604-730-5309

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Posted by: Marketing on February 16, 2016 at 4:06 pm

VANCOUVER, BC - From Canada’s centennial and leading up to its sesquicentennial, the Museum of Vancouver continues to play a vital role in preserving history, and inspiring dialogue about our future. As part of Canada’s Road to 2017, MOV is partnering with Instagram to host #EmptyMuseumofVan on February 17, an exclusive event for Vancouver Instagrammers to experience and capture the wonder of their city museum, and the new Your Future Home exhibition, before its doors open to the public.

The Museum of Vancouver joins other major institutions around the world that have hosted similar events, including #EmptyLouvre in Paris and #EmptyGuggenheim in New York. Instagram is working with landmark institutions across Canada like the Museum of Vancouver, a centennial building, to host #empty events in the lead up to Canada's 150th in 2017. The goal is to bring people together around photography and celebrate the beauty of Canada through the lens of the arts, culture and digital media. The result: a special exhibit that will feature photographs showcasing leading Canadian cultural institutions through the eyes of Canadians (and their Instagram filters).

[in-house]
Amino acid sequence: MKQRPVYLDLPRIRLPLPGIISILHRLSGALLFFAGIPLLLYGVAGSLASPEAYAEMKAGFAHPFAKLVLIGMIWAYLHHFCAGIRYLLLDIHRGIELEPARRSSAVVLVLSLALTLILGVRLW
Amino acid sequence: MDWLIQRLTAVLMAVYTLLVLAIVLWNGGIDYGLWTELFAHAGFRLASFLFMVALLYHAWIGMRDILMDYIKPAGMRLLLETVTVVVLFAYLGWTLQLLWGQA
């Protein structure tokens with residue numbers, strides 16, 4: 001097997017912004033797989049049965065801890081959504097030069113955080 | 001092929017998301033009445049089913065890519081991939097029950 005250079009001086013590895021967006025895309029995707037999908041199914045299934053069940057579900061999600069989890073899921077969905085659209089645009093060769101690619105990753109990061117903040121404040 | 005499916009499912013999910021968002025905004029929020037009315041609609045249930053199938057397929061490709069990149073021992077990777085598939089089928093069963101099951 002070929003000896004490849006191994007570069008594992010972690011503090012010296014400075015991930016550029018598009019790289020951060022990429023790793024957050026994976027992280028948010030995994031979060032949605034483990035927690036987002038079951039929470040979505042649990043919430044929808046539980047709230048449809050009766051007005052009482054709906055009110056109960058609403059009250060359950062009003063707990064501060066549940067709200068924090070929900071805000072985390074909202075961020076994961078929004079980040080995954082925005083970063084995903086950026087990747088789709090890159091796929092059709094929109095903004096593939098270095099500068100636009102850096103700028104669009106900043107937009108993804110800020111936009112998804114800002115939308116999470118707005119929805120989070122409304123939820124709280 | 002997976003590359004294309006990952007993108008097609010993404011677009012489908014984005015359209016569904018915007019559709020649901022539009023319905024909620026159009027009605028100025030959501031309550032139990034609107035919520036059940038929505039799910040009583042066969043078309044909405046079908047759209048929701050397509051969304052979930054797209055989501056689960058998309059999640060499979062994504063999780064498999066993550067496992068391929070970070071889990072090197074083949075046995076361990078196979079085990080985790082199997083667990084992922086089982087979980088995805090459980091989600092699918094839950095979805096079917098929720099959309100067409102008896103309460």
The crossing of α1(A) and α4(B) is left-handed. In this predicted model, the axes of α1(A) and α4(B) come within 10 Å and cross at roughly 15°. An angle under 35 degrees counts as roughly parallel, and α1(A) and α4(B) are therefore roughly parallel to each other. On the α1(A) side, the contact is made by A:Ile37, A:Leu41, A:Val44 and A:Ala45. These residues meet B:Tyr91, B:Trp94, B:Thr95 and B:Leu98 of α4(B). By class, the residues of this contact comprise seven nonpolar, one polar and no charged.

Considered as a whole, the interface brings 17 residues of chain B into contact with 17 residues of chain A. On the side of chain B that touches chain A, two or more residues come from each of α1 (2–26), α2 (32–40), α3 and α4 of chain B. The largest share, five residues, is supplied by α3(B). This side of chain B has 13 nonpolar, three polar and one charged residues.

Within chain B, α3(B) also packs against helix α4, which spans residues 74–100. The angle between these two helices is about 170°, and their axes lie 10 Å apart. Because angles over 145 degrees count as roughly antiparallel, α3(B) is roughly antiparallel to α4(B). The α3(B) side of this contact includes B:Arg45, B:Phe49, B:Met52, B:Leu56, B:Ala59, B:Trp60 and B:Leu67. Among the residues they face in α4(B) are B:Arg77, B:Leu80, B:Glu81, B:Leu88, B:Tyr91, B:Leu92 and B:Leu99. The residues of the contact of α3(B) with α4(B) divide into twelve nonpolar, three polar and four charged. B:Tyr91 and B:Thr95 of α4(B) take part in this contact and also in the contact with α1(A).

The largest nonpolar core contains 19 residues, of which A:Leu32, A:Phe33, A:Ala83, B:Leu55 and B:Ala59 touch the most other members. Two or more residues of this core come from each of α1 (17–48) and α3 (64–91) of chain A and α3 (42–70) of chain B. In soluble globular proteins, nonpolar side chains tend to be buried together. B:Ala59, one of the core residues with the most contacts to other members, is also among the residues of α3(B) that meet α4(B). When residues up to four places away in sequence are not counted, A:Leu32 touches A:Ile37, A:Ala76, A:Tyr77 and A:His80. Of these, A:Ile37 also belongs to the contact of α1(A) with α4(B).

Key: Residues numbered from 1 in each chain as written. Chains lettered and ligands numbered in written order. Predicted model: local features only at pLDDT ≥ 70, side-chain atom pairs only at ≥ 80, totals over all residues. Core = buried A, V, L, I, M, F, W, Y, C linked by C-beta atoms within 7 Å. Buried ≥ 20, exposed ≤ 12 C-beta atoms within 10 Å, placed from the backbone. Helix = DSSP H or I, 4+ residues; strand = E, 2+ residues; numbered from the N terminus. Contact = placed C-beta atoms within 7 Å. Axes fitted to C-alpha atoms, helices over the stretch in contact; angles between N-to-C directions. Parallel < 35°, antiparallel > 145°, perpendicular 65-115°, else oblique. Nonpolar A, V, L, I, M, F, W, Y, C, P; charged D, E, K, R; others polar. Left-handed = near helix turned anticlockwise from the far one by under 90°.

What:     Instagram photography event #EmptyMuseumofVan #Roadto2017

Who:    Heather Deal, Deputy Mayor, City of Vancouver
Lilly Wyden, Manager of Public Policy, Instagram
Nancy Noble, CEO, Museum of Vancouver
Vancouver-based Instagrammers

When:     Wednesday, February 17, 2016
8:30 a.m.    Registration
8:40 a.m.    Remarks
8:50 a.m.    Self-guided tour and opportunities for photographs

Where:    Museum of Vancouver, 1100 Chestnut Street, Vancouver (in Vanier Park)

About Museum of Vancouver
The Museum of Vancouver connects Vancouverites to each other and connects Vancouver to the world. The museum’s programs, exhibitions, and collections bring people together and inspire conversation about the future. The museum, an enthusiastic civic advocate, is an independent non-profit organization dedicated to inspiring a socially connected, civically engaged city.